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Music Video Breakdown: 'The Box' by Roddy Ricch

Roddy Ricch in his new music video for "The Box."
Roddy Ricch in his new music video for "The Box." By Courtesy of Roddy Ricch/VEVO
By Jacob R. Jimenez, Crimson Staff Writer

As Roddy Ricch’s hit song “The Box” entered its 12th week at No. 1 on the Billboard Hot 100, the rapper finally premiered his official music video on YouTube last Friday, Feb. 28. Through a hodgepodge of action scenes, the video reflects the classic and contemporary hip-hop themes of Ricch’s song. With over 22 million views on YouTube already, the new video could give “The Box” the surge it needs to contend with Lil Nas X’s 17 week No. 1 Billboard record “Old Town Road” for longest No. 1 streak.

The video opens with someone spray painting a street race starting line on the concrete as muscle cars rumble and “The Box” spans the screen in a slim graffiti font. Ricch pulls his car into the frame and the song’s legendary, squeaking intro commences. As a stereotypically seductive flag girl starts the race, the verse begins. In contrast to Ricch’s chill, measured flow, the video cuts quickly between shots to better match the intensity of Ricch’s lyrics.

Much of the video is a visual representation of the rapper’s best lines. Ricch sings, “I done put my whole arm in the rim, Vince Carter” while elbow deep in a basketball hoop. A luxury duffel is pulled out of a muddy hill as “I got it out the mud” beats in the background. Ricch says “I’m a 2020 president candidate” while standing in front of a faux White House press curtain.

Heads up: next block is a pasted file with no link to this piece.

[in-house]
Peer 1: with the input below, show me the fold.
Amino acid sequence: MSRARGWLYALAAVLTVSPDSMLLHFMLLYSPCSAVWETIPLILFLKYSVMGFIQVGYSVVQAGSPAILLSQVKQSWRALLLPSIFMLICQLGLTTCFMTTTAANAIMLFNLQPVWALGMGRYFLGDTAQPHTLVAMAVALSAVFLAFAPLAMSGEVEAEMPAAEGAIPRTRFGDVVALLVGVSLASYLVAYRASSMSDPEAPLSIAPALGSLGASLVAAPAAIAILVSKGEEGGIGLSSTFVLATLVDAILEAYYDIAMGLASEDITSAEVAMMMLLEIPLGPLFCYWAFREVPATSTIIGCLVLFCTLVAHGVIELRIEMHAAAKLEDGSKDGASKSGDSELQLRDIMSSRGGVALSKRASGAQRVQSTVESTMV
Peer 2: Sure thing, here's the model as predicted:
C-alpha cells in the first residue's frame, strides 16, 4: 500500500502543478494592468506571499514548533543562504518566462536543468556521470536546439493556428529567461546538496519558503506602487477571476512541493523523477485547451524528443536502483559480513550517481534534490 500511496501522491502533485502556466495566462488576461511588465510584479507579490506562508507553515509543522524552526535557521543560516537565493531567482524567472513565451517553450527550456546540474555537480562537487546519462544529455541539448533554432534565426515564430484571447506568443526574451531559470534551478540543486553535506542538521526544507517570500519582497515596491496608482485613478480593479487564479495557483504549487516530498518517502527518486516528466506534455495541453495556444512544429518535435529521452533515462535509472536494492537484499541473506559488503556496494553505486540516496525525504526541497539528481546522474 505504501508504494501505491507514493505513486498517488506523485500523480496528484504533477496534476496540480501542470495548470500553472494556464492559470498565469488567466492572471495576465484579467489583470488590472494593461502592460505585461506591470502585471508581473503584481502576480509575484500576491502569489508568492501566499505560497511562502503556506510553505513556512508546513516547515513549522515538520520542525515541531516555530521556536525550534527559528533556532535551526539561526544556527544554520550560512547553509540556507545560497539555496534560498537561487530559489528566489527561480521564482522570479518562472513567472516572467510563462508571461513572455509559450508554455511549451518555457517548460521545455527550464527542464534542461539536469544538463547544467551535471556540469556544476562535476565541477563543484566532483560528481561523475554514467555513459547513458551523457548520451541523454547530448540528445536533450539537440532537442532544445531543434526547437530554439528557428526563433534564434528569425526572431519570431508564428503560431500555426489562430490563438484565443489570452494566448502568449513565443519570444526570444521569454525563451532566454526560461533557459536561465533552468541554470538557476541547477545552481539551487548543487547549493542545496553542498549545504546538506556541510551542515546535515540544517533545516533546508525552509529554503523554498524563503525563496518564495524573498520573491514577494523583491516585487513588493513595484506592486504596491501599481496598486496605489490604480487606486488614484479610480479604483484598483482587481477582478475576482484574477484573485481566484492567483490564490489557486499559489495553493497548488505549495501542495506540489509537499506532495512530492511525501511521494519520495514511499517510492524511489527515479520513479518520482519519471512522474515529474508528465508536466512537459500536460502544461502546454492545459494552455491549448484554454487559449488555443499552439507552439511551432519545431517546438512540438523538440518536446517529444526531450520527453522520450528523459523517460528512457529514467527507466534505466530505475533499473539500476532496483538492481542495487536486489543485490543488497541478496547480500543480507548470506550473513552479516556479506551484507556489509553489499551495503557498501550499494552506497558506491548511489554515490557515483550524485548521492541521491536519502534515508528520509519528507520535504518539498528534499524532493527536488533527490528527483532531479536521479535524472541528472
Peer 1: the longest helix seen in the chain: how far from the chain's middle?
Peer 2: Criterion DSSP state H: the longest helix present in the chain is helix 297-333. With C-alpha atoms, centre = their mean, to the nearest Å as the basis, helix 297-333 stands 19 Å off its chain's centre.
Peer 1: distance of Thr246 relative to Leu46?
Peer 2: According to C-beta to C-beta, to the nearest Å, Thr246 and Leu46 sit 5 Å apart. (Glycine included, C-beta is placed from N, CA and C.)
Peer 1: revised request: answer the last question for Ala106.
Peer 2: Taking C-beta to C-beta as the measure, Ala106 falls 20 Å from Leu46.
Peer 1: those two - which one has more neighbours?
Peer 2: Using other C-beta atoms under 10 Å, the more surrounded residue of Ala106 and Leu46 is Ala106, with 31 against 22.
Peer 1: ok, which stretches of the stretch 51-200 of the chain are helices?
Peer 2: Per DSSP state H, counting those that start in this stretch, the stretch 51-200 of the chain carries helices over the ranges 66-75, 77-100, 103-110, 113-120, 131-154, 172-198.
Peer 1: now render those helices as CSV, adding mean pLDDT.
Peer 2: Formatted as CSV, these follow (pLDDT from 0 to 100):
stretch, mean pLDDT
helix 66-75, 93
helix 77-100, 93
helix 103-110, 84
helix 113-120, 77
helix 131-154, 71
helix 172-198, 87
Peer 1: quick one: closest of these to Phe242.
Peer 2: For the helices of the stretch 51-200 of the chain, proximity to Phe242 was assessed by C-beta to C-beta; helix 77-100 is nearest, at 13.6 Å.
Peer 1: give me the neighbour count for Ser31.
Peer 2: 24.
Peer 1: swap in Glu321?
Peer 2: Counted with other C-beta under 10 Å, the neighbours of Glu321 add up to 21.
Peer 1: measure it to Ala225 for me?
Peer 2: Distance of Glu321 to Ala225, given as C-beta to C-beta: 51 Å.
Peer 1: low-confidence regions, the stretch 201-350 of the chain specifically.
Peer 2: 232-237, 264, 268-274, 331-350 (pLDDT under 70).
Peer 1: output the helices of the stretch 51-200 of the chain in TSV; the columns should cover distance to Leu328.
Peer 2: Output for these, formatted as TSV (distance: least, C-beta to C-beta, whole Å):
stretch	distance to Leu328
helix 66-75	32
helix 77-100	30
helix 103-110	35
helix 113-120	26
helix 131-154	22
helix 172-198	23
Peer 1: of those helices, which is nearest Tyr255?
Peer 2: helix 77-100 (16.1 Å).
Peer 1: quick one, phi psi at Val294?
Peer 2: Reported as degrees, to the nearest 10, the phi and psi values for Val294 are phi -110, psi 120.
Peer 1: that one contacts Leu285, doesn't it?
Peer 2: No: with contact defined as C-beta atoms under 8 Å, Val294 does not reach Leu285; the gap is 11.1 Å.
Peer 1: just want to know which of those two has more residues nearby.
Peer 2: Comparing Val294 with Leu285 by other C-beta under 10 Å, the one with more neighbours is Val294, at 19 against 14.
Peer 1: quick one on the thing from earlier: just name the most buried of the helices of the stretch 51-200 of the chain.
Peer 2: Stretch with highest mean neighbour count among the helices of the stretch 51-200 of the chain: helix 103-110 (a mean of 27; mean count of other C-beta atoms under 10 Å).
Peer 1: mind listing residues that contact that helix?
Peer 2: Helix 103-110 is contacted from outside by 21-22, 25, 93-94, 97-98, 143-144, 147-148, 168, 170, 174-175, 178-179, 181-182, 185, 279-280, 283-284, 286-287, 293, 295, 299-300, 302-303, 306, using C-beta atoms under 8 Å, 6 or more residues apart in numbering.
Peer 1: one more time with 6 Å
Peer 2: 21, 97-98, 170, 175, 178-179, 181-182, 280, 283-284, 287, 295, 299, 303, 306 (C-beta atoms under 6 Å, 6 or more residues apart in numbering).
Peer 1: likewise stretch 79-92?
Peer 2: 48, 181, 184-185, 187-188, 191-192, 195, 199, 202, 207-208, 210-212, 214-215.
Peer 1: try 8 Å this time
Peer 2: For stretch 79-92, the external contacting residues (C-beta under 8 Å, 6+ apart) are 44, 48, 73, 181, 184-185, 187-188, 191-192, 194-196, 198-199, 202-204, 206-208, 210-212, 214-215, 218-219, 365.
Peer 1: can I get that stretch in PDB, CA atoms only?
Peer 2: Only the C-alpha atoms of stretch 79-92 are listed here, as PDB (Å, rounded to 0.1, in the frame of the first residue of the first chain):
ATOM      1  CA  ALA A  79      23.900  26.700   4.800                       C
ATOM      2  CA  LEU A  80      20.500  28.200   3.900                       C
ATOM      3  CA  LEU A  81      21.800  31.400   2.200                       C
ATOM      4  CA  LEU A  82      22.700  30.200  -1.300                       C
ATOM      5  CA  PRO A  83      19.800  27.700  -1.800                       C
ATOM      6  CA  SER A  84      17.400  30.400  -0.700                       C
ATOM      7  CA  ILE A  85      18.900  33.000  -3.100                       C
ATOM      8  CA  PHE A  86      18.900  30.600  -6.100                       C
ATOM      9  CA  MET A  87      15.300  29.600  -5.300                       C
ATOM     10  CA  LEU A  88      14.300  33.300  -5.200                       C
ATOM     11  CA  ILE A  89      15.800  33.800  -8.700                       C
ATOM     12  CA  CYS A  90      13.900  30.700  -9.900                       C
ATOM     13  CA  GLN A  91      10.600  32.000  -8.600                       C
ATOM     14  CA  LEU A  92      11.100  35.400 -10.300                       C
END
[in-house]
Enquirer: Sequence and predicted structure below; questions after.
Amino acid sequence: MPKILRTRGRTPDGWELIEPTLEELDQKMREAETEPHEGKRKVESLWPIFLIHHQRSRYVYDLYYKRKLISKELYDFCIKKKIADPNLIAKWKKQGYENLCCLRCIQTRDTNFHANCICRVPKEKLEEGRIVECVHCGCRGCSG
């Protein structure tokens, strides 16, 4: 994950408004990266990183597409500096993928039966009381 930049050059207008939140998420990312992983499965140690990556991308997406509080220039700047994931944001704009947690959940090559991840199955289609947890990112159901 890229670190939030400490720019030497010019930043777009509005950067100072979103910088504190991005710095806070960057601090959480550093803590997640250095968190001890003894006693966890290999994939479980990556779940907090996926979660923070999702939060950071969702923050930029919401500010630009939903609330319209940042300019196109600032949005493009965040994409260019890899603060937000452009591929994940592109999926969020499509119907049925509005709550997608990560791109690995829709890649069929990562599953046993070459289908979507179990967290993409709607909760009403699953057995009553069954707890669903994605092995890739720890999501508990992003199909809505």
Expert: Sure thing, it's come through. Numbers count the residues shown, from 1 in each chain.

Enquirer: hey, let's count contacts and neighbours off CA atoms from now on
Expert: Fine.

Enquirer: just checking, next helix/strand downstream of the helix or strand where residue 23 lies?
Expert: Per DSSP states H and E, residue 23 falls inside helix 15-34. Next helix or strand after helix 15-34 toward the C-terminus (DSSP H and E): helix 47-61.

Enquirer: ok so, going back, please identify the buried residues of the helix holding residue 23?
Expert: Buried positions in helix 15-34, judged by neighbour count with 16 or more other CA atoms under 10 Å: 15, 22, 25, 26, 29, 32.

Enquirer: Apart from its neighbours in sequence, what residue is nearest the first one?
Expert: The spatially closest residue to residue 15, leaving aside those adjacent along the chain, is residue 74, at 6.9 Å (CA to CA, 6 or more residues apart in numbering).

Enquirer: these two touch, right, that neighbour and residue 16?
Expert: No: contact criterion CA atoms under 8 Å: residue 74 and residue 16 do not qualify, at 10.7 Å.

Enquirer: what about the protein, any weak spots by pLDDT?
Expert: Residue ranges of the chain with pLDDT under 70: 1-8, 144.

The short action shots are accentuated by some gaudy CGI effects. At one point, the camera pans around Ricch as he stands horizontally on the wall of a burning building. While not exactly Oscar-worthy, the graphics deserve recognition for pushing the hip-hop genre into an even more fantastical representation of Ricch’s lavish lifestyle.

Ricch’s video also pays homage to classic hip-hop gangster tropes with specific references to gang violence and drug deals in popular culture rather than just generic call-outs to money, fame, and women. He honors Scarface’s last stand and gives further recognition to the past with the line “we been trappin’ like the 80s.” With these artistic nods, Ricch really “won’t never sell [his] soul” to viral stardom and proves that he can back up his boastful claims.

In the end, the action-packed video doesn’t quite break new ground for visual hip-hop artistry. But with its CGI flourishes and the sustained fame of the song, it's still worth a view. Stick around to the end and you’ll be rewarded with an eerie, deeper look into the metaphor of “The Box.”

— Staff writer Jacob Jimenez can be reached at

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